Check out this DIY Dresser Makeover with All in ONE paint. I love the simplicity of the design, but it still packs a punch!
Get more DIY Dresser Makeover Ideas here
Let’s flip this dresser from the Thrift store!
It was originally $100, but they busted the base when they were loading it… so we ended up getting it for $80 instead. Either way though, it was a steal of a deal. This piece is solid, and such good quality!
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All in ONE Painted DIY Dresser Makeover
- Prep the Dresser for Paint
- Prime to Block Stains
- Paint 2-3 Coats All in ONE Paint
- Extra Finishing Touches
- Mini Pocket Hole Jig
- Electric Screwdriver
- Krud Kutter
- Sand Net Sandpaper 80 grit – 220 grit
- SurfPrep Sander RAY10 to get 10% off
- Wood Filler
- Painters Tape and Pre-taped Plastic
- Tack Cloth
- BIN Shellac Primer in the Spray Can
- Paintable Caulking
- Melange ONE in Knapsack
- Wagner Paint Sprayer (FLEXiO 3000)
- Paint Sprayer Filters
- Whitewash from Paint Couture Paint
- Paint Brush
- Lint Free Rags
- Soft Wax from The Real Milk Paint
- White Knobs
Step 1: Prep the Dresser for Paint
Repair the Base
So before we could do anything else, we had to fix that base.
I glued it and put it back together how it was.
And then, I made it more durable by screwing the base into the dresser instead of relying on glue and wood braces that were holding it together before.
Using a Pocket Hole Kreg Jig
I used this mini pocket hole jig to drill new holes into the apron, and then I screwed in the pocket hole screws.
Since the wood that I was drilling into was ¾” thick, I just clamped the jig up to the edge of the wood, set the drill bit to the right depth, and then drilled away.
Then I used the 1 ¼” screws to screw the base to the dresser.
Now the base is nice and sturdy!
Alright, then I got back to the normally scheduled programming.
I removed the hardware with my handy dandy electric screwdriver.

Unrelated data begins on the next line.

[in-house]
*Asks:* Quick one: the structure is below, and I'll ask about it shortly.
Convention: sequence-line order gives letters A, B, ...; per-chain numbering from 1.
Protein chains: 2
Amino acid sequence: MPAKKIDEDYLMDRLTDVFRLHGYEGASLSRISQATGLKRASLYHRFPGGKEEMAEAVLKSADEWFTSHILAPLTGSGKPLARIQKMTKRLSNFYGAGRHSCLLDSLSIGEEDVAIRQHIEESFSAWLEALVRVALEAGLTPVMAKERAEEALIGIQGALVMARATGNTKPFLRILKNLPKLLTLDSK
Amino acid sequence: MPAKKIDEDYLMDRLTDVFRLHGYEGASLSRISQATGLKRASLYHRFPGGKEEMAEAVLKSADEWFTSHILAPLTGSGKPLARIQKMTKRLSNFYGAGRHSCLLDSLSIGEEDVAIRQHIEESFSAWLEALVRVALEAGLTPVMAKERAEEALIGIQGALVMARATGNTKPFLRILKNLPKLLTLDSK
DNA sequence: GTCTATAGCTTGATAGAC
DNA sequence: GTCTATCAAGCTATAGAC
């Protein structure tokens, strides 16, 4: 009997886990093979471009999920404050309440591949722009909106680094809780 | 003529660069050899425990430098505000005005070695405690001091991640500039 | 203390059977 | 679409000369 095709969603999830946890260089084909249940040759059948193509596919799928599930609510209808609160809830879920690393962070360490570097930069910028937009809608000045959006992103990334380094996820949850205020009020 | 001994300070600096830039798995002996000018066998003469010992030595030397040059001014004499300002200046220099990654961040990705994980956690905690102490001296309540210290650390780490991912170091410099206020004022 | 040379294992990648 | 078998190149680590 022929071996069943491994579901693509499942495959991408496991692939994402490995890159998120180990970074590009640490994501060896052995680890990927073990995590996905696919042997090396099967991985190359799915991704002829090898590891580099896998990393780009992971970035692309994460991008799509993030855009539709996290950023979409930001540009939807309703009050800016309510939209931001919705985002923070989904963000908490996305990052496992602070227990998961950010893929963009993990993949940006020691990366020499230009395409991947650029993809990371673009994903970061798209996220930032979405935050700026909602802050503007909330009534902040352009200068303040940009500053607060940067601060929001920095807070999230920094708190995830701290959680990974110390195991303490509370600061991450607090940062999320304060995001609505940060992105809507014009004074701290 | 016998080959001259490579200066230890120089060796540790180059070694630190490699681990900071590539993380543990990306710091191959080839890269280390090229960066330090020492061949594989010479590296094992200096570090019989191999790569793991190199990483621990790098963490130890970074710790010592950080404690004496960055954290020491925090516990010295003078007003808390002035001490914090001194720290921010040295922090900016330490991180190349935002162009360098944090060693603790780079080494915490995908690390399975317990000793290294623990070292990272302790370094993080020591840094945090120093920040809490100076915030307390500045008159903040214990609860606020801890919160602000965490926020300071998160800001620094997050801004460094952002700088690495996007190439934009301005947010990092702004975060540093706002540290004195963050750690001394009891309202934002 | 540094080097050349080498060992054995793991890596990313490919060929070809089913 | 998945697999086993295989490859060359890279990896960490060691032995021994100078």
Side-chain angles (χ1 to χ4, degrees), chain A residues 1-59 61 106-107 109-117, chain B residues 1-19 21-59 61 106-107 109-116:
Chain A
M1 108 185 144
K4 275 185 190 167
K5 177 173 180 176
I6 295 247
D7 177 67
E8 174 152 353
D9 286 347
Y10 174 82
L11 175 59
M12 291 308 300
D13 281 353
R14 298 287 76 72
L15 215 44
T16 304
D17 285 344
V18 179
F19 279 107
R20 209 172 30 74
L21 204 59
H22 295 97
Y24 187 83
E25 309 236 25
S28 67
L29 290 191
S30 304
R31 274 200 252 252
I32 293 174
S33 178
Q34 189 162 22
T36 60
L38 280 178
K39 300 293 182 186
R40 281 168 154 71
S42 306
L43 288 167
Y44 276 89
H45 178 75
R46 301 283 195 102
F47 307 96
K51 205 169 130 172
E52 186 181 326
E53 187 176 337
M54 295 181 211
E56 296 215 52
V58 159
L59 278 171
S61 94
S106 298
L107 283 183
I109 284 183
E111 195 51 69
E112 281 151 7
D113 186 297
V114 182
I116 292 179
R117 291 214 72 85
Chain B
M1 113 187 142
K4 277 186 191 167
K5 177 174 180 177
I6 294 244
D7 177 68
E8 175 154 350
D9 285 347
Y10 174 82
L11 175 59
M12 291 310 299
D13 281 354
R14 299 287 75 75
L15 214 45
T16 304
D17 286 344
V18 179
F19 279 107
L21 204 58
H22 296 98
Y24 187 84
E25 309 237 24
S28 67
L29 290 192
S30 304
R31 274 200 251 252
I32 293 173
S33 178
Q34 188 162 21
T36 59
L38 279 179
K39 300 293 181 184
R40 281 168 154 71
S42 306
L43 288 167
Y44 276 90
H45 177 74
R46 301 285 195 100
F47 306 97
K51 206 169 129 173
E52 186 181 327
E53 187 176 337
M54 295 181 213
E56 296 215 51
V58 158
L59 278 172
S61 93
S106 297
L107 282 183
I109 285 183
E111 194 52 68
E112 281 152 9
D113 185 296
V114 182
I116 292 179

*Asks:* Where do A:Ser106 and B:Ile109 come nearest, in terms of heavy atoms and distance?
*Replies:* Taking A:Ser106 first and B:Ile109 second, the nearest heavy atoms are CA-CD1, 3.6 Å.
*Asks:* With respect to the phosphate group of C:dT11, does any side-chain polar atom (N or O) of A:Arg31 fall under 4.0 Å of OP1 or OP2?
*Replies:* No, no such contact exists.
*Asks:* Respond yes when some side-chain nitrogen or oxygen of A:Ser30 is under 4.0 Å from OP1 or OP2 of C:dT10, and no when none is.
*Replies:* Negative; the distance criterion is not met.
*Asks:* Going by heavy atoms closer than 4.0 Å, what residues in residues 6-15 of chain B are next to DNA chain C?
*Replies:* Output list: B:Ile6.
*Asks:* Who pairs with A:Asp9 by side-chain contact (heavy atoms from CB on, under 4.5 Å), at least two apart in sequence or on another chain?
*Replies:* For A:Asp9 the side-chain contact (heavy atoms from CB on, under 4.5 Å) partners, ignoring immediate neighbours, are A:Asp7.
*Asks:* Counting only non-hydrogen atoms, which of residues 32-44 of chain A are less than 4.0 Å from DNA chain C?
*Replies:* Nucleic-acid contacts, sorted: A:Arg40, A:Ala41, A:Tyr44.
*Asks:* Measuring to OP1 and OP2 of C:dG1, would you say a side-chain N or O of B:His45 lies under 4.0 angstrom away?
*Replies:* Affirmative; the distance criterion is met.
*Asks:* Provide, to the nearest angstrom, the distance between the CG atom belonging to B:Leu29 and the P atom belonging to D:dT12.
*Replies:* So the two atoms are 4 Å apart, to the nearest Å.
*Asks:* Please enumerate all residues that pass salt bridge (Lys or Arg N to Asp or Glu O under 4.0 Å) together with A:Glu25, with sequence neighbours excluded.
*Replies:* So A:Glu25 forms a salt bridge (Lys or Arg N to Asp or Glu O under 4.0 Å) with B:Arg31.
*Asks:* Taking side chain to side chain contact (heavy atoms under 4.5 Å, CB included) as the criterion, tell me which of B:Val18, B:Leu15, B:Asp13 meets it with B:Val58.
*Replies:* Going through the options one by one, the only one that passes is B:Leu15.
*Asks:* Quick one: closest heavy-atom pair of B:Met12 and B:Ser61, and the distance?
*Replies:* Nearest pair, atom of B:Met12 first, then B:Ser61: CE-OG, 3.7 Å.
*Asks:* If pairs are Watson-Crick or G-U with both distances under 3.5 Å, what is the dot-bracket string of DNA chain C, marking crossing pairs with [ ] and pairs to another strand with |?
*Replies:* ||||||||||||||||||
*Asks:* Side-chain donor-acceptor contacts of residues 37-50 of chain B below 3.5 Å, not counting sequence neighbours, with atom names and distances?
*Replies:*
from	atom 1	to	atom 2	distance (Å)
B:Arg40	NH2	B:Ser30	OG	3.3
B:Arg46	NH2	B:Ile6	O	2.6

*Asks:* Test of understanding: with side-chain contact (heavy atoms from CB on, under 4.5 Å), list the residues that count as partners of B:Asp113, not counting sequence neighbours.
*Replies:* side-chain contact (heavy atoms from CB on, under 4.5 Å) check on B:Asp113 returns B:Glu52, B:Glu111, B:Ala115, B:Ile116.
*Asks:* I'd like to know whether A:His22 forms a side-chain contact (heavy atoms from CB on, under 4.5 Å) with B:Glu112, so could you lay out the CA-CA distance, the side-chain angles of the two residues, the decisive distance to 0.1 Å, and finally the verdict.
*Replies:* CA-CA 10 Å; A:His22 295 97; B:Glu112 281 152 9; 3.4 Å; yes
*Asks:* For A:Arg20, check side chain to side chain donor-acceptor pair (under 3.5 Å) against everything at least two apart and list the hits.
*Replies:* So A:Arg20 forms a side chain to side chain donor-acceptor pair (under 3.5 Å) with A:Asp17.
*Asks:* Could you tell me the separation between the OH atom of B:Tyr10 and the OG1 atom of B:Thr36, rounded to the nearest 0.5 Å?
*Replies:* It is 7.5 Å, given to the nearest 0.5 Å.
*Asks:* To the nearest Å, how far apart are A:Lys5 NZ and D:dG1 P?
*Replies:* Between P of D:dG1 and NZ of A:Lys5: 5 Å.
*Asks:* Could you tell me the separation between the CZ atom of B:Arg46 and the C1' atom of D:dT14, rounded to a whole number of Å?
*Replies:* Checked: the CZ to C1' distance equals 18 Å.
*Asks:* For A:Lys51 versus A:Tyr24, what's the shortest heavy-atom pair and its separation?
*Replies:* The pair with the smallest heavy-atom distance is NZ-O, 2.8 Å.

And cleaned the dresser really well with Krud Kutter and an old rag.
Fill in Hardware Holes and Fix Damage
Then I filled in the chipped veneer and one hole from each piece of hardware, so I could put new hardware on these drawers.
Check out this post to see how good KwikWood compares for filling hardware holes.
Sand the Top to Remove the Damaged Finish
While that all dried, I got rid of the damaged finish on the top.
I sanded it all down with 80 grit sandpaper, then 120 grit sandpaper… then 180 grit sandpaper, and finished it off with 220 grit sandpaper.
The wood was SO pretty! And I considered leaving it natural wood… But I already had a plan and that didn’t include having a wood top.
Sand the KwikWood
By the time I was done sanding the top, the Kwikwood was dry, so I sanded that down.
Sand the Base
And then I sanded the base down to bare wood… I folded an 80 grit piece of sandpaper in half to get into the crevices by hand.
Wood Fill Scratches and Wood Grain
Then I started to scuff sand the rest of the dresser with 220 grit sandpaper.. and realized that there were still some dings and scratches I needed to fill in.
Learn more about the importance of sanding before painting furniture here.
So I filled those in… and while I was at it, I spread thinned out spackling over the areas that I had sanded down to bare wood, so you wouldn’t be able to see all of the wood grain after I painted it.